07 December 2013

On to December

Has it truly been over a month since I've posted anything? Apparently.

Well, November was crazy. I can say that much at least. NaNoWriMo didn't quite work out as expected, although I did get 30K done. I know it's not the same as 50K but it's still progress so I'll take it. You know, sometimes life just interrupts everything. All of your well made plans and your intricate scheduling and then BAM! The kid's sick. BAM! You're sick. BAM! It's Thanksgiving. Damn you, November!

Ah, well. On to December. On to Christmas. As if I didn't have enough stress and worry on my plate, let's just add the holiday season. Decorations are still in the attic and not showing signs of coming down anytime soon. The house is a mess. I have a test on Monday and a final on the following Monday. Woo. And I've gotten absolutely NO shopping done whatsoever. But I am looking forward to my 4 week break, starting immediately after my final on the 16th.

I don't know what I'm going to do with all of that extra time. Actually, I do. I have work, naturally. But then on all of my time off I get to write. I get to edit. I get to finish that rough draft I didn't have the chance to finish last month. It's going to be a blast. Seriously, I'm looking forward to it. Fun stuff. And maybe after a couple weeks I'll have a brand-spanking-new Keurig to help me though (*hint hint* to any family members reading this).

So have a wonderful couple of weeks and I'll see you all on the 16th!

04 November 2013


Who's participating in NaNoWriMo this year?

Whilst my beta-readers hoard Book 1, I'm taking this chance to dive into NaNoWriMo with the hopes of completing the rough draft of Book 2. And so far, so good. I'm up to 15K words and am keeping my fingers crossed that I can keep up this pace. Because I mean, who doesn't just love NaNoWriMo? One month and 50K words. The coffee, the sleepless nights just pounding away they keyboard. Blood, sweat, tears... what's not to love?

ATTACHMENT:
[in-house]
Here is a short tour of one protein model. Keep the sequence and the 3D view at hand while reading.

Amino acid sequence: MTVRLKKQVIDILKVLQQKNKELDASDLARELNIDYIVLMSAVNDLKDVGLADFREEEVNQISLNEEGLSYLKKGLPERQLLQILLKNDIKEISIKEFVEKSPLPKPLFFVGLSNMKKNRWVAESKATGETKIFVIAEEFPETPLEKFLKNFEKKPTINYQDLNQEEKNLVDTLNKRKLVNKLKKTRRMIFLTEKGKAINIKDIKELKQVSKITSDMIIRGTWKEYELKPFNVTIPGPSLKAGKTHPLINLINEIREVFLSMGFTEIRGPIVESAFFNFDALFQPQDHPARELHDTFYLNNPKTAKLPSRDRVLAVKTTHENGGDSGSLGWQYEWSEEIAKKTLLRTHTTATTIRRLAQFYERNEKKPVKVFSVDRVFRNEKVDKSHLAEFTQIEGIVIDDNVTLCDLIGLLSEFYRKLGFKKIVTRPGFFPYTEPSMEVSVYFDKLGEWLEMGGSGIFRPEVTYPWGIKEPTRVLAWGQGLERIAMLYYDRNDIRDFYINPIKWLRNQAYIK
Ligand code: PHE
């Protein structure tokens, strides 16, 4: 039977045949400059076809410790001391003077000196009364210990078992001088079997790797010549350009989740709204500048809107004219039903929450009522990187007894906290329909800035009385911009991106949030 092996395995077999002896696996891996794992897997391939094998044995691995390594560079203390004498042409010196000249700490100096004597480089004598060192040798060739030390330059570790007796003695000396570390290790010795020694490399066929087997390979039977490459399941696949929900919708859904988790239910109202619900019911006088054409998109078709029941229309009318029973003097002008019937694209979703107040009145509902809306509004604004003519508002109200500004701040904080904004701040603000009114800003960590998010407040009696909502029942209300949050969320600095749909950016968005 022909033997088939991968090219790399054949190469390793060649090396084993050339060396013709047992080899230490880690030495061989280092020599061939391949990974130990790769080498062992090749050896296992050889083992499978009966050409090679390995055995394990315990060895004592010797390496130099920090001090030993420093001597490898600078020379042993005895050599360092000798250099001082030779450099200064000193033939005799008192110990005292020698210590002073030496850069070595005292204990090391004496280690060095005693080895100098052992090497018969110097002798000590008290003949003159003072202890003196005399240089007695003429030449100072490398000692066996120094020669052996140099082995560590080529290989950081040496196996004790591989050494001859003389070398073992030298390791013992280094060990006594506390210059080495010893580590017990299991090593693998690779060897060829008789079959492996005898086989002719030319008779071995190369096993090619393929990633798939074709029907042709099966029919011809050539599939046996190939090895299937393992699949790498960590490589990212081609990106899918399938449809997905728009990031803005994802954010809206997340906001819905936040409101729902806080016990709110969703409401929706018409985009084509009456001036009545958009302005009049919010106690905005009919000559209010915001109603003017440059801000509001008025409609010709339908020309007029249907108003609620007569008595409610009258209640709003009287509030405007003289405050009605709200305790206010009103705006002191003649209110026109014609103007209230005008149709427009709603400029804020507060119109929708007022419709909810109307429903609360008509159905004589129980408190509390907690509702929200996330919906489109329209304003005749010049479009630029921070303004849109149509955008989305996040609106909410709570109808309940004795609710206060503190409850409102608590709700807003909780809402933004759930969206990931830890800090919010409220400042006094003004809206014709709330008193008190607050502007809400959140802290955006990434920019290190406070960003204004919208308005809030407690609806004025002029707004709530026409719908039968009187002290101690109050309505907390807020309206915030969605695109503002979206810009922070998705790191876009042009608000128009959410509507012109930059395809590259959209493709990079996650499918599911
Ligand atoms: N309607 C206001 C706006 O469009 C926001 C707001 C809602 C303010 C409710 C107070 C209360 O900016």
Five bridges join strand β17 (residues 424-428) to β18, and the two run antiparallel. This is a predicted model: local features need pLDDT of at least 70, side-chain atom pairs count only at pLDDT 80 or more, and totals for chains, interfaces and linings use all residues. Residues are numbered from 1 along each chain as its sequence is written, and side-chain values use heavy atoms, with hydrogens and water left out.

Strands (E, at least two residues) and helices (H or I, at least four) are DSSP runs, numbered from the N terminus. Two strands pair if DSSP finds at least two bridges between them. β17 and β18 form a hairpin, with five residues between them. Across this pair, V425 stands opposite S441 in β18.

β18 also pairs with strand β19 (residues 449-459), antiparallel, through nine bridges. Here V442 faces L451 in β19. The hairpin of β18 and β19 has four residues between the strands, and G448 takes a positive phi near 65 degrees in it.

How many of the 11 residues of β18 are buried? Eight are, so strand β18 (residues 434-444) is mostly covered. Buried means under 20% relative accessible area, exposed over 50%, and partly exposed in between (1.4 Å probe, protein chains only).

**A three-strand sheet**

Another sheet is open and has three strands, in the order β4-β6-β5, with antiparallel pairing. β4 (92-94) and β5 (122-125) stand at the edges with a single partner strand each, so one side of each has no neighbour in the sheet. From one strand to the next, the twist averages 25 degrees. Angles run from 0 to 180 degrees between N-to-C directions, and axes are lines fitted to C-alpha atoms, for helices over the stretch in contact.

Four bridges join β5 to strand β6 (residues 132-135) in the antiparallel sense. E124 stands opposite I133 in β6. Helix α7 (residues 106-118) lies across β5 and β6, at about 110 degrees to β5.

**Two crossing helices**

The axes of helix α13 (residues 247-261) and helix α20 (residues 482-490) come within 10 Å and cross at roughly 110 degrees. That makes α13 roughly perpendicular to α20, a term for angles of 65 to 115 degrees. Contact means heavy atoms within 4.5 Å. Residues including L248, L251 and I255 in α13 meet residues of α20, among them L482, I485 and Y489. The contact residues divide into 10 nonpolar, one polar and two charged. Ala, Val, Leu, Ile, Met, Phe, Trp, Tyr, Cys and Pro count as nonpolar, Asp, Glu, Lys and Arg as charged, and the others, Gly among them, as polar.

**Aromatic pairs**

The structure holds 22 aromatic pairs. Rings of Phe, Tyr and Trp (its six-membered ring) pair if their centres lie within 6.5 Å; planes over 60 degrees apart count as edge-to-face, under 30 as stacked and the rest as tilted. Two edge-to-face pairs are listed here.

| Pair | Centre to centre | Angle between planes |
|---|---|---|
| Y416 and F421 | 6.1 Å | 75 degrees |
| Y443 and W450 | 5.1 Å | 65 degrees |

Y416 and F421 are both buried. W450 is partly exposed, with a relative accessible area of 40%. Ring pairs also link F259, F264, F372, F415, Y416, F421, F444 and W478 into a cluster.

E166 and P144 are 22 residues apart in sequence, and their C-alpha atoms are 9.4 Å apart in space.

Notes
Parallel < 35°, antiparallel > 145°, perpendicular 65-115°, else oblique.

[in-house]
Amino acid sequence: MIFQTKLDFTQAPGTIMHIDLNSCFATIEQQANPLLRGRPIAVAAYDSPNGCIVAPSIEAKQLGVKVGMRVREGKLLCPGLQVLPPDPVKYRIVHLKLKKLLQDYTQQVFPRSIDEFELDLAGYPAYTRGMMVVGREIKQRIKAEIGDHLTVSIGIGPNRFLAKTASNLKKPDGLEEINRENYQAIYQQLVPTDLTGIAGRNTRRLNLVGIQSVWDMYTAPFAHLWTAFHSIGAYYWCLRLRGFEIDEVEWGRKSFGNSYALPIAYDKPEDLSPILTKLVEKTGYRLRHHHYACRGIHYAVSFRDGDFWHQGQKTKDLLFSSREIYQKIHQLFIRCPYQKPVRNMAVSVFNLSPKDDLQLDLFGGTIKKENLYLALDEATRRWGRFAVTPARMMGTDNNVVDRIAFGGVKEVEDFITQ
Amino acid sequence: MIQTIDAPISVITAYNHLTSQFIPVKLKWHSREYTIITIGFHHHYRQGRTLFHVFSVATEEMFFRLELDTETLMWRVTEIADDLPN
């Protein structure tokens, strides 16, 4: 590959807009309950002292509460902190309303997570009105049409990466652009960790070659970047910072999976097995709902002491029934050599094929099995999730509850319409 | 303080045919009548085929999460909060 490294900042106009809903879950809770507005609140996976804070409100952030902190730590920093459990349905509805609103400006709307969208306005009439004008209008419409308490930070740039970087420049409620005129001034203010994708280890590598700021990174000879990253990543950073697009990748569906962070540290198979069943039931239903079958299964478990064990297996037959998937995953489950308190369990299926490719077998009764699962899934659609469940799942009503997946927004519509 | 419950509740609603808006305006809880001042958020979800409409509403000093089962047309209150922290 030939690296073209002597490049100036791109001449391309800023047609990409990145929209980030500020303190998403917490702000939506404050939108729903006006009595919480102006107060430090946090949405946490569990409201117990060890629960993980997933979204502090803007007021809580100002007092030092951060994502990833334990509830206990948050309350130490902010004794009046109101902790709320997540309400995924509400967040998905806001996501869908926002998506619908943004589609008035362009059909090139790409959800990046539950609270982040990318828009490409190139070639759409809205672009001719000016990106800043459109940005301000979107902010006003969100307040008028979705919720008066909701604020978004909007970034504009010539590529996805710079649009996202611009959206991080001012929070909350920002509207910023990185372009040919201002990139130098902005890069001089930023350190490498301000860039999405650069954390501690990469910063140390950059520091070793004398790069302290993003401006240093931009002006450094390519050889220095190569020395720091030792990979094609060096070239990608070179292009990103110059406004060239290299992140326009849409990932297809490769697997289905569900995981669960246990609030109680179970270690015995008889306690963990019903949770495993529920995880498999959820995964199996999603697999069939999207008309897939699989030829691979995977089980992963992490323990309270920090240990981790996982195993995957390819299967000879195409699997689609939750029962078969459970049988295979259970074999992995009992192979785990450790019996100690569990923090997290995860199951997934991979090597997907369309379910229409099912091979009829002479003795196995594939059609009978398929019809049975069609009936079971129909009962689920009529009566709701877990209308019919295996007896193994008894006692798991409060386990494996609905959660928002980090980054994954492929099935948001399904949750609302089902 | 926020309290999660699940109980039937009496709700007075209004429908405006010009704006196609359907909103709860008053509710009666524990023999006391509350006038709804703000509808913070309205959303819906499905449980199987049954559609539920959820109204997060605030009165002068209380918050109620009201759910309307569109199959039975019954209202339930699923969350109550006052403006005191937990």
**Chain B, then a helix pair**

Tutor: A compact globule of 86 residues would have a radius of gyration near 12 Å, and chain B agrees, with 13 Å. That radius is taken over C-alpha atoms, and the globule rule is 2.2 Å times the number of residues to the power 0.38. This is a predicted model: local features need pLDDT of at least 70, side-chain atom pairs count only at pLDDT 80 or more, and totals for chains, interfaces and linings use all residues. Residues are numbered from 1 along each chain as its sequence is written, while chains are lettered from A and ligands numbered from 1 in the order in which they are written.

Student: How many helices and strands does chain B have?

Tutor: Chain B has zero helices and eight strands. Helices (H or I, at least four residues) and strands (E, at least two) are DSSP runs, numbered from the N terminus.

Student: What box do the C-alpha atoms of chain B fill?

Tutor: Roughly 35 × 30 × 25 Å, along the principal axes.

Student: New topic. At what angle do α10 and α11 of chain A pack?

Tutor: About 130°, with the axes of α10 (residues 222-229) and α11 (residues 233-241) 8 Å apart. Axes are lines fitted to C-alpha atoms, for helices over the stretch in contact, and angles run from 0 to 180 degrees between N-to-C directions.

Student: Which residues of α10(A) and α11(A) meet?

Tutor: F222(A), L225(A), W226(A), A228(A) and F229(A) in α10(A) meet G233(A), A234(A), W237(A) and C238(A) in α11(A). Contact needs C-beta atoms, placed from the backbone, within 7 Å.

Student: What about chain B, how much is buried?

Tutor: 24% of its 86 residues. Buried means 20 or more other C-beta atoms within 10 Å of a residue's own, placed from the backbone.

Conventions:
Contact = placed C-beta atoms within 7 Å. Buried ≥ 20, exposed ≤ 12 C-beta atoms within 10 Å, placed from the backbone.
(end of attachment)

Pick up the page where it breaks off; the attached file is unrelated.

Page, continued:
I love the notion of the entire country coming together to sit down and write those pesky novels that have been stewing in their brains for the past who-knows-how-long. It really is an awesome concept. And through the anxiety and the brain farts and the writers block, hanging in there is the best part. We'll see who survives through the end of the month, but I'm keeping my fingers crossed that it's more writers than not.

So hooray for NaNoWriMo! Keep your chins up and your coffee stocked. Try not to ignore your responsibilities too much while your pursue your dream. Because when you're done you'll be able to say, "been there, done that, bought the t-shirt" (yes, they really have t-shirts) and you'll have 50K words done. Completed. And that's a huge accomplishment.

So keep on keeping on. No looking back... at least until December when you have to sit down and edit the crap out of your manuscript because, hey let's face it, you rip-roared through the rough draft and now have to take a chop ax to large portions of the text.

But it's all in good fun. And they have t-shirts. :)

31 October 2013

Werewolf. Smerewolf. Neither Here nor Therewolf.

Ah, Halloween. This is MY holiday and instead of enjoying the festivities, I'm sitting at home. If you can't see me, I'm over here beneath this gigantic pile of unfinished homework (all due tomorrow) and trying not to have a panic attack. But instead of freaking out and forcing myself to breathe into a paper bag, I decided a blog post may be in order. Just what the doctor recommended.

I could drone on and on about how I'm the Queen of Procrastination, but I'll spare you for the time being. No, what I want to discuss is Halloween. Or, more specifically, werewolves. Because hey, what's Halloween without werewolves?!?! And since I'm in the festive spirit, I'll give you a lesson on the mythology of werewolves in the Netherworld in FAQ mode.

LESSON #1 (and perhaps the most important): What are werewolves?

Werewolves are:

 From Wikipedia: "The word werewolf continues a late Old English wer(e)wulf, a compound of were "adult male human" and wulf "wolf"."

Thus, you get a human/wolf hybrid. I like to change things up a bit by including female werewolves in the Netherworld. You know, just to keep you on your toes. 

Werewolves are not:

This is a wolf. And if they also have a human form, then they are a Shifter. Shifters don't have to change into wolves, although it is the preferred animal shape of some. They are able to shift into any mammal they choose to. If you are in the wild and are approached by a wolf (usually a lone wolf) and you are unsure whether or not he has a human form, look into his eyes. The iris color is the only thing that doesn't change when a shifter is in an animal form. It doesn't change for werewolves either.

LESSON #2: What makes Werewolves different from Shifters in the Netherworld?

First and foremost, Werewolves transform on the full moon. They have no choice in the matter. They can also transform voluntarily any time they choose, but on the night of the full moon they have no control. Shifters do not transform on the full moon unless they choose to.

While Shifters are able to maintain their human thought processes when they change, Werewolves do not. It is a split personality type characteristic. There's the Beast and then there's the Man. They do not intermingle. Shifters in a wolf (or any animal) form, think like humans and have human thought processes. Werewolves do not. They recognize people by smell, especially their mates.